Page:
Improving quality of value added maple confections

On Thursday, Sept. 18, Cornell Cooperative Extension of Franklin County will be offering a workshop on “Improving the Quality of Value Added Maple Products” in the second floor Conference Room at the Franklin County Courthouse, in Malone.

The workshop is made possible by the Cornell University Maple Program and will explore the fundamentals of making value-added maple confections, with a focus on managing invert sugar, finishing temperatures, and stirring temperatures, in order to produce top-quality granulated sugar, candy, cream, and coated nuts.

Invert sugar is common in maple syrup. And when making sugar or candy with maple syrup, success or failure pretty much comes down to the fact that different confections require different size sugar crystals. Granulated maple sugar, for instance, will be of the highest quality only when fairly large crystals, which can be easily seen and felt with the tongue, are produced. However, when making maple confections and candies, crystals often need to be prevented from forming. Success depends on fully understanding and appreciating the influence and control of invert sugar on crystallization and learning to manage the size of sugar crystals formation or to prevent crystals from forming.

This hands-on workshop will provide maple producers with an opportunity to learn how to make the highest quality value-added pure maple products and test those products against an established standard of quality. It is designed to enhance producer skills and product diversity.

Value-added agriculture is defined, in part, as a process of increasing the economic value and consumer appeal of an agricultural commodity by using new or unusual methods, in order to get more income from a crop. For maple syrup producers, this can mean processing pure maple syrup into granulated maple sugar, maple cream, maple candy, or any of a wide variety of appealing maple products, some of which will be discussed, during the course of this workshop.

Transforming any raw agricultural product through processing will add value. And increasing the percentage of a crop sold as processed value-added products will increase producer income (gross and net). In fact, New York State Extension Forester Peter Smallidge, a senior Extension associate and director of Cornell’s Arnot Research Forest, in Van Etten, believes that maple syrup producers can increase their incomes by 10 to 30 percent in just two to three years, by adding value-added maple confections to their product line. And, according to Cornell University Maple Program Director and New York State Maple Specialist, Steve Childs, who will be the instructor for the Sept. 18 workshop, converting maple syrup into confections can increase producer income four to five-fold over time. Extension Associate Michael Farrell, Director of the Uihlein Forest; Cornell’s Sugar Maple Research & Extension Field Station, in Lake Placid says, “No doubt about it, the market is there.”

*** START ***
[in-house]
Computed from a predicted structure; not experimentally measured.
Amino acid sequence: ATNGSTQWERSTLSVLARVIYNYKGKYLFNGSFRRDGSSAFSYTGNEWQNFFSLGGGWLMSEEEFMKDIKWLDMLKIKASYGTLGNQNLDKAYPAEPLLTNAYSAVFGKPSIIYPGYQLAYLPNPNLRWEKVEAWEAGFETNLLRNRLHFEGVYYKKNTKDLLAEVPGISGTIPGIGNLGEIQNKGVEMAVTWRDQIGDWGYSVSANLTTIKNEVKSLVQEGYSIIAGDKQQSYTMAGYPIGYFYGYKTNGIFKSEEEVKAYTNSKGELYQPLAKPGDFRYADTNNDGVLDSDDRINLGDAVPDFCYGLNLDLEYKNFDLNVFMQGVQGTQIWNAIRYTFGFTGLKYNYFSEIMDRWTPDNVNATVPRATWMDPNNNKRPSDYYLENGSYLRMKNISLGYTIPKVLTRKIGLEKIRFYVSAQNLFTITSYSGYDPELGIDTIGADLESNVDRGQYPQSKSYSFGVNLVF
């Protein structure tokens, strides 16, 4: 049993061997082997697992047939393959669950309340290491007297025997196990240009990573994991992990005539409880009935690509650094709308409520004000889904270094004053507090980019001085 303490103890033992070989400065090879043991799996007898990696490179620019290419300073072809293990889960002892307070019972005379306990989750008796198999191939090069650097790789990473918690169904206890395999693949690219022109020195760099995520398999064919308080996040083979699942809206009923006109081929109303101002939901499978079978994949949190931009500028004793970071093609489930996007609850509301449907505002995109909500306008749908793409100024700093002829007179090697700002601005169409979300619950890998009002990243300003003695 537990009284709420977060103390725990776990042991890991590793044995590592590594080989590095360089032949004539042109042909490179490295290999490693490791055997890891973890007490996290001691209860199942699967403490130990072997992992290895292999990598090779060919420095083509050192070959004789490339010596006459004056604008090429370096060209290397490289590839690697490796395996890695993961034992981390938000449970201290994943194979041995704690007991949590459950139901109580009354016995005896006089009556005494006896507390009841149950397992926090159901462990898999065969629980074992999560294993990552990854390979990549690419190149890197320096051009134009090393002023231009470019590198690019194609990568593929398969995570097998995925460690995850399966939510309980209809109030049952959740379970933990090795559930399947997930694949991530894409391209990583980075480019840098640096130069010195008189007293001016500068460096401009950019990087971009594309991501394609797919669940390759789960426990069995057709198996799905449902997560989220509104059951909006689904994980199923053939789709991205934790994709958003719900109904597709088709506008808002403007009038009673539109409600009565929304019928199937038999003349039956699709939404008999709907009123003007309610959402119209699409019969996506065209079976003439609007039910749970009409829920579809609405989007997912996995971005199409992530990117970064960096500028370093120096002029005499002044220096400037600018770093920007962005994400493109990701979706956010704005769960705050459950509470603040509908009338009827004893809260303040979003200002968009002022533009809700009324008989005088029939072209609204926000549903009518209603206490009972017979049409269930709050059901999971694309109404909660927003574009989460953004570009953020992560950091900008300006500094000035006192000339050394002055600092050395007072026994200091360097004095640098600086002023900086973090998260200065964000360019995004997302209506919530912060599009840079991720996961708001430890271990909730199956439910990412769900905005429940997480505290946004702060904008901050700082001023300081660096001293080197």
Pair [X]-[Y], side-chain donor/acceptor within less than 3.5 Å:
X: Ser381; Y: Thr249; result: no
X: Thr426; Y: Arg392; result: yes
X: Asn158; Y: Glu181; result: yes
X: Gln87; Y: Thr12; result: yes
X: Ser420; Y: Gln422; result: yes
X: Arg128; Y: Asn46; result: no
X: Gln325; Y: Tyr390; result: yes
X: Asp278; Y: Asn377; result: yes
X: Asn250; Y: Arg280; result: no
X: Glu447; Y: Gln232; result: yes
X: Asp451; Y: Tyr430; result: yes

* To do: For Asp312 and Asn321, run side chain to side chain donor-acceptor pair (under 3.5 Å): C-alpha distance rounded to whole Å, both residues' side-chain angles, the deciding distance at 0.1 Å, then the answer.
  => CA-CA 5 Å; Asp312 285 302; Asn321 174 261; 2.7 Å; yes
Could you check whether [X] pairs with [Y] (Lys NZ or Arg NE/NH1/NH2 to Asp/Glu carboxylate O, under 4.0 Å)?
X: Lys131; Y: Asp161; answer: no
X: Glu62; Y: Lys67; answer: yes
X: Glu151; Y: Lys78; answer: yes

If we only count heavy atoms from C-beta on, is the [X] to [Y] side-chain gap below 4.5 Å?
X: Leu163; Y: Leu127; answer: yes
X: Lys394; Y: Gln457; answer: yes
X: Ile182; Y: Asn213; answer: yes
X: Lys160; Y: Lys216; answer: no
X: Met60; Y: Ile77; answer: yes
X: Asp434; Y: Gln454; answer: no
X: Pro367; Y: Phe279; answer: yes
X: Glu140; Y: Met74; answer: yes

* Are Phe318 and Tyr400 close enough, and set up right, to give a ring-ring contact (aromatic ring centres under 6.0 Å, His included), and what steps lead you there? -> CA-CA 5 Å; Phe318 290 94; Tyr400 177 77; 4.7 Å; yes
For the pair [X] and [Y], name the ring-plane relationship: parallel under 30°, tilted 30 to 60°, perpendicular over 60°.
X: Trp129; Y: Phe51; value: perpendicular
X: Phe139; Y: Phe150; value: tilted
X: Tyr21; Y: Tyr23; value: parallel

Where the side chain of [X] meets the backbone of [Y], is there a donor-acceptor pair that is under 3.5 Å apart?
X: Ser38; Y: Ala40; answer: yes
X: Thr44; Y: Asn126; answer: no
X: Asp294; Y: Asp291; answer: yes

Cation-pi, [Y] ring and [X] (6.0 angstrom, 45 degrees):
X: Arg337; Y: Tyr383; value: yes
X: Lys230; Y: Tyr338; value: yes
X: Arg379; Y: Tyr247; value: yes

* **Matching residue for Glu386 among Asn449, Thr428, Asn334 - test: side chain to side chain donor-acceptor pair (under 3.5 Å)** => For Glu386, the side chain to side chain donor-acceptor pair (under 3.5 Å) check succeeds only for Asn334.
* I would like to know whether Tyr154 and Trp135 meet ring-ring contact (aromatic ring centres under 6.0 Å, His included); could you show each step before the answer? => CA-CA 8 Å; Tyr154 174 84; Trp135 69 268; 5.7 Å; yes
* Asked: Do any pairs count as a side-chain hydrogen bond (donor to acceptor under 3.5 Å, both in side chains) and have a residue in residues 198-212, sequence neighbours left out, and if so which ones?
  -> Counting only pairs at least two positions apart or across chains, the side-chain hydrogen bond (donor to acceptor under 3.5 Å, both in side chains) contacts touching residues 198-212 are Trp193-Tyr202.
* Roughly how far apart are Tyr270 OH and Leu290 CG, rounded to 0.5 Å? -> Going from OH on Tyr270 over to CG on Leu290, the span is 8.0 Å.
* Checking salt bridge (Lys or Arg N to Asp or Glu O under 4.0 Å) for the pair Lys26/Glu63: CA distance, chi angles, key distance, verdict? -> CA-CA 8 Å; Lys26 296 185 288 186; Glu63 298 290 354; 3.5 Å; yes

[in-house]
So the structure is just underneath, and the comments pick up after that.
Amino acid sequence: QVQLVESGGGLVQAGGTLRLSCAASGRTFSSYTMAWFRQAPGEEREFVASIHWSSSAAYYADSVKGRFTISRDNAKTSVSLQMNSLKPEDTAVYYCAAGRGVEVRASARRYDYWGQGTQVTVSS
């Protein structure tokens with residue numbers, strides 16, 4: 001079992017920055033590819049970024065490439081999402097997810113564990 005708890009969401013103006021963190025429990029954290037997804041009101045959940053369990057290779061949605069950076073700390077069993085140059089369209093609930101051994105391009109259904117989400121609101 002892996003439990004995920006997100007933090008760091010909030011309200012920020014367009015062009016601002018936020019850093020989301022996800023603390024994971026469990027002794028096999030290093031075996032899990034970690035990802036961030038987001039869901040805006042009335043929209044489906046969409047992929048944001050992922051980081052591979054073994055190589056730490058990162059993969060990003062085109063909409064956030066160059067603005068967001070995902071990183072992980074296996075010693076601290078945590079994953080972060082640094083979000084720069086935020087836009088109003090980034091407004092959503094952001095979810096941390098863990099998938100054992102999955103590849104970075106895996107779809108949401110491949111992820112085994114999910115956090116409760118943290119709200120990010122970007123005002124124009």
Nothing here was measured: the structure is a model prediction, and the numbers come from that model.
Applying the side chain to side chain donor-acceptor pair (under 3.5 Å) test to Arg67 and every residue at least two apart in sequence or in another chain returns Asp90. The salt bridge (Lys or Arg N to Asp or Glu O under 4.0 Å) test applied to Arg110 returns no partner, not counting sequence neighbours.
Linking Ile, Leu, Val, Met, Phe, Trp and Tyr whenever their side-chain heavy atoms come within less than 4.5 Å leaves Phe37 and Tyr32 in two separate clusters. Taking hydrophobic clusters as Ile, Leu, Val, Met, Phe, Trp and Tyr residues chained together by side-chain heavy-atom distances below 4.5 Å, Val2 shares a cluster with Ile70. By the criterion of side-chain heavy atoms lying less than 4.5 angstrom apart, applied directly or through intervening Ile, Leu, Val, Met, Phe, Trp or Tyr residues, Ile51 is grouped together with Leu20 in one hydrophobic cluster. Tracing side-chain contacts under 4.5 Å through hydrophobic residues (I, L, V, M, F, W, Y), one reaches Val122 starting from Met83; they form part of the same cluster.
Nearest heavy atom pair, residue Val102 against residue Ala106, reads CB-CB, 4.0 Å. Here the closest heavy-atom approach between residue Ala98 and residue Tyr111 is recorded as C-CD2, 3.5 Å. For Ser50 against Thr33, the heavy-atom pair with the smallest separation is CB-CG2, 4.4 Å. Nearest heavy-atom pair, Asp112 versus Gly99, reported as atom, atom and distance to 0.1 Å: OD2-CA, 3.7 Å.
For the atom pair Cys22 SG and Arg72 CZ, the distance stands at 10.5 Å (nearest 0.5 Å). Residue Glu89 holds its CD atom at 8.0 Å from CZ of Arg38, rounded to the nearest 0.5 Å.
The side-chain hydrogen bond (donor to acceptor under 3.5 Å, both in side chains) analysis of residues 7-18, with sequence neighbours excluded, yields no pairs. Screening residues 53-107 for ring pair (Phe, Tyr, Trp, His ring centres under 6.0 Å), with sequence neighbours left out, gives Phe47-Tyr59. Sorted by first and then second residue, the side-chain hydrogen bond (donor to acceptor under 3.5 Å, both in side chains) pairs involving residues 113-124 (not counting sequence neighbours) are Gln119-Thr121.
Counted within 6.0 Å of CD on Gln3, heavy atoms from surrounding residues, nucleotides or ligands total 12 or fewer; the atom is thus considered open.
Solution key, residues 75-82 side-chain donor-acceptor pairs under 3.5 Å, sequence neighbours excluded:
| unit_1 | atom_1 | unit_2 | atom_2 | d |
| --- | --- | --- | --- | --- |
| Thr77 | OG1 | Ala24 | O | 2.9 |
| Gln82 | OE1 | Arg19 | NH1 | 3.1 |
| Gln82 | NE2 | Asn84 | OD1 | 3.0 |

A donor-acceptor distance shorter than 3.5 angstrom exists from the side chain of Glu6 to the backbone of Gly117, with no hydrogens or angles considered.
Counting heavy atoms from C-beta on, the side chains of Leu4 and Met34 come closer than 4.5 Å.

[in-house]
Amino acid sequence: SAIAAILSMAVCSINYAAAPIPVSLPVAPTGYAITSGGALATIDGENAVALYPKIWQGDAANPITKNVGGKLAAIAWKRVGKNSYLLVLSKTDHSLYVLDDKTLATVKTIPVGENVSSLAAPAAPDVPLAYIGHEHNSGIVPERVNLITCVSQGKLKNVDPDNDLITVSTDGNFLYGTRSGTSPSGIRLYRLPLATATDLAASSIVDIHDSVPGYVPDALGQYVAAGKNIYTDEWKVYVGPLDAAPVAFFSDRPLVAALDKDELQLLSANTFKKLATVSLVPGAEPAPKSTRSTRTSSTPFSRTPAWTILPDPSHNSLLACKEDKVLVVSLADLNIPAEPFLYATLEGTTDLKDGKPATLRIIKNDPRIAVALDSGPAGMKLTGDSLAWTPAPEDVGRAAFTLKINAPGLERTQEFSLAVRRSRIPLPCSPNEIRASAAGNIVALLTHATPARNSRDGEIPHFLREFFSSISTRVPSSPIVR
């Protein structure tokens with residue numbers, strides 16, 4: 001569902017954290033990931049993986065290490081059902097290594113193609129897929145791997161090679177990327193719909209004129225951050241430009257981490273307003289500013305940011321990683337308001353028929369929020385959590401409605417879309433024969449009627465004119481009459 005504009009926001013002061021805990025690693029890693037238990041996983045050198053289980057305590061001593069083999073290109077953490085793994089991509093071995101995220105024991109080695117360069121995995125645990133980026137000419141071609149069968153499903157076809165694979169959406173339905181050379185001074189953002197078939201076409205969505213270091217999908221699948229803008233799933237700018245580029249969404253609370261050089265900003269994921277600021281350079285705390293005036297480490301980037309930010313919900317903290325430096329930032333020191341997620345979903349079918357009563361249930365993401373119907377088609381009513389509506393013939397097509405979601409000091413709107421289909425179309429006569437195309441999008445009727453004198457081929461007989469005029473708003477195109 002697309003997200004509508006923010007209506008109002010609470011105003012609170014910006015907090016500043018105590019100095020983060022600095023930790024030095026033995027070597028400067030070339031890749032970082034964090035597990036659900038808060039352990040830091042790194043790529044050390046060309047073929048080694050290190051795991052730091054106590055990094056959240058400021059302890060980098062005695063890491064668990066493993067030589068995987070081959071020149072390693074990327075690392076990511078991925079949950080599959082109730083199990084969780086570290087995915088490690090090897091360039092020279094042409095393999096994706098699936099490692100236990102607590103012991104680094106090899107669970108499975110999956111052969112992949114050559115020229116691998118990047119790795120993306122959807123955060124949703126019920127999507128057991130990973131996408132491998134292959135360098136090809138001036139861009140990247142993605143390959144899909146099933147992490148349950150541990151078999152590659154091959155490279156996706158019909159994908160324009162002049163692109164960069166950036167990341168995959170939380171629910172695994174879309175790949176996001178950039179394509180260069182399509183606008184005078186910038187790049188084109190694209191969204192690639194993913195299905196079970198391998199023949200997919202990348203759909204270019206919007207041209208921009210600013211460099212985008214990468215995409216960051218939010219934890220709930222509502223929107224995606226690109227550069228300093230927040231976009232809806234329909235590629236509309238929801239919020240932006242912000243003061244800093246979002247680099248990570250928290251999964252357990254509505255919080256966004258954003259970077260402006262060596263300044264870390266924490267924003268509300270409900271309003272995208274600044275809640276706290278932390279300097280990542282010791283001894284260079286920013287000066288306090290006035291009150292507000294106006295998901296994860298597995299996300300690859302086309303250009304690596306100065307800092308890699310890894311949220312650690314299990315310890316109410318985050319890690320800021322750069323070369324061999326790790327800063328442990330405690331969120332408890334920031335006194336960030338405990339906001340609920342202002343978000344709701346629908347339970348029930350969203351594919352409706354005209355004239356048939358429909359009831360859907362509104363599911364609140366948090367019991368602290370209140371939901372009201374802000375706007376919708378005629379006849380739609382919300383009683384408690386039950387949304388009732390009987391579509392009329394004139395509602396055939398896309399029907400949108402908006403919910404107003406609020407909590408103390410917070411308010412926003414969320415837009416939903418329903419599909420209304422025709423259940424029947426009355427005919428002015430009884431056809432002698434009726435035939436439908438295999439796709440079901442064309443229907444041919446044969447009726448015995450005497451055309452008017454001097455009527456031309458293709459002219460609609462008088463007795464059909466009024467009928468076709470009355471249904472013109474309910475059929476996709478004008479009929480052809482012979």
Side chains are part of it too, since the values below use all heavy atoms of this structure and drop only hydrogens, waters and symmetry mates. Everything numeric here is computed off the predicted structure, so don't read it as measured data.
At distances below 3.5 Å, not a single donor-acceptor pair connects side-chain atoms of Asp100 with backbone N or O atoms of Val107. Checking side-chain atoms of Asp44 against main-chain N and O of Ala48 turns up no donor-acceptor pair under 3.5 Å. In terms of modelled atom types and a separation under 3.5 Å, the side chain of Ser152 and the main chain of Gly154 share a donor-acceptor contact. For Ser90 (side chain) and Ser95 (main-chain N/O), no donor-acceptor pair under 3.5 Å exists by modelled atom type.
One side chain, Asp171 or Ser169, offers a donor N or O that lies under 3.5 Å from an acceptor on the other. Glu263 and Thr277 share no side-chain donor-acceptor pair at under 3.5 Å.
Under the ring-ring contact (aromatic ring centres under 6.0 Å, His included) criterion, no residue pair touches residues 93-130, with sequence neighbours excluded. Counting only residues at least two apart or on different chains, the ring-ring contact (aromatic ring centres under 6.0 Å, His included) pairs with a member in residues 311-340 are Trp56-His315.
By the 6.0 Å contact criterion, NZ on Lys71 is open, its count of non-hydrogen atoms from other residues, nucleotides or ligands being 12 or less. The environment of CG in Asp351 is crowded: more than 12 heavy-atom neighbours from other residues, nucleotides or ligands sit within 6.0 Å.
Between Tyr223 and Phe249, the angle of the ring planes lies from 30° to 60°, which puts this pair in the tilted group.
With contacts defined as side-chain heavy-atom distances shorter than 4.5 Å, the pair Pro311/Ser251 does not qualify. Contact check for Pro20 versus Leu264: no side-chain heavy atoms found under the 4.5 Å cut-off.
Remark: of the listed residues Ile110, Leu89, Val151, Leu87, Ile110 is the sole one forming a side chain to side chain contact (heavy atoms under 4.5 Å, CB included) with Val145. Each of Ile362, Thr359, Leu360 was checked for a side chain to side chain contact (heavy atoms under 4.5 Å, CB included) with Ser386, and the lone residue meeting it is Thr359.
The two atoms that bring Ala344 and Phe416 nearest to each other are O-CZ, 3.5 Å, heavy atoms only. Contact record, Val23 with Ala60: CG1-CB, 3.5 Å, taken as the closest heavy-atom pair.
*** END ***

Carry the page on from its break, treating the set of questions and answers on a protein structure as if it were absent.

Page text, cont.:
Pure maple sugar is delicious straight out of the container, dissolved in your favorite hot beverage, or as a topping for ice cream, cereal, or baked goods. And when used in baking, you will typically need only half of the sugar that the recipe calls for.

If you really want to kick things up a notch or two, try mixing granulated maple sugar with cinnamon and sprinkling the mixture on hot buttered toast, muffins, English muffins, biscuits, bagels, pancakes, pies, popcorn, fruit, winter squash you name it. Or, if you prefer, you can spread some delectable maple cream on top of any of those. Complete the treat with just a dash or two of cinnamon (to taste) and indulge yourself!

According to the United States Department of Agriculture National Agricultural Statistics Service, New York state held its position as the second in the nation, only to Vermont, in production of maple syrup, in 2014. Total production in the state was 546,000 gallons (from 2.2 million taps); the third best year for New York maple production in the past 20 years. Nonetheless, New York, like all maple syrup producing states with the exception of Pennsylvania, showed a decrease in production from 2013.

Locally, maple producers endured unusually consistent cold temperatures during the months of February and March, which resulted in a prolonged and significant lack of sap flow. As a result, almost all of the region’s producers still employing older syrup gathering technologies (sap buckets and / or gravity tubing systems), suffered. For quite a few, the persistent cold weather caused tap holes to close and sap to stop running. For some, it was the worst season in years. Producers using the most up-to-date vacuum tubing system technologies, however, were able to keep their tap holes operational, and produce excellent maple syrup throughout the entire season. On average, the season lasted 29 days, compared with 37 days in 2013.

Nationwide, 2014 maple syrup production totaled 3.17 million gallons, with colder than normal temperatures contributing to an overall shorter season of sap flow than in 2013. The total value of United States production in 2013 was $132 million.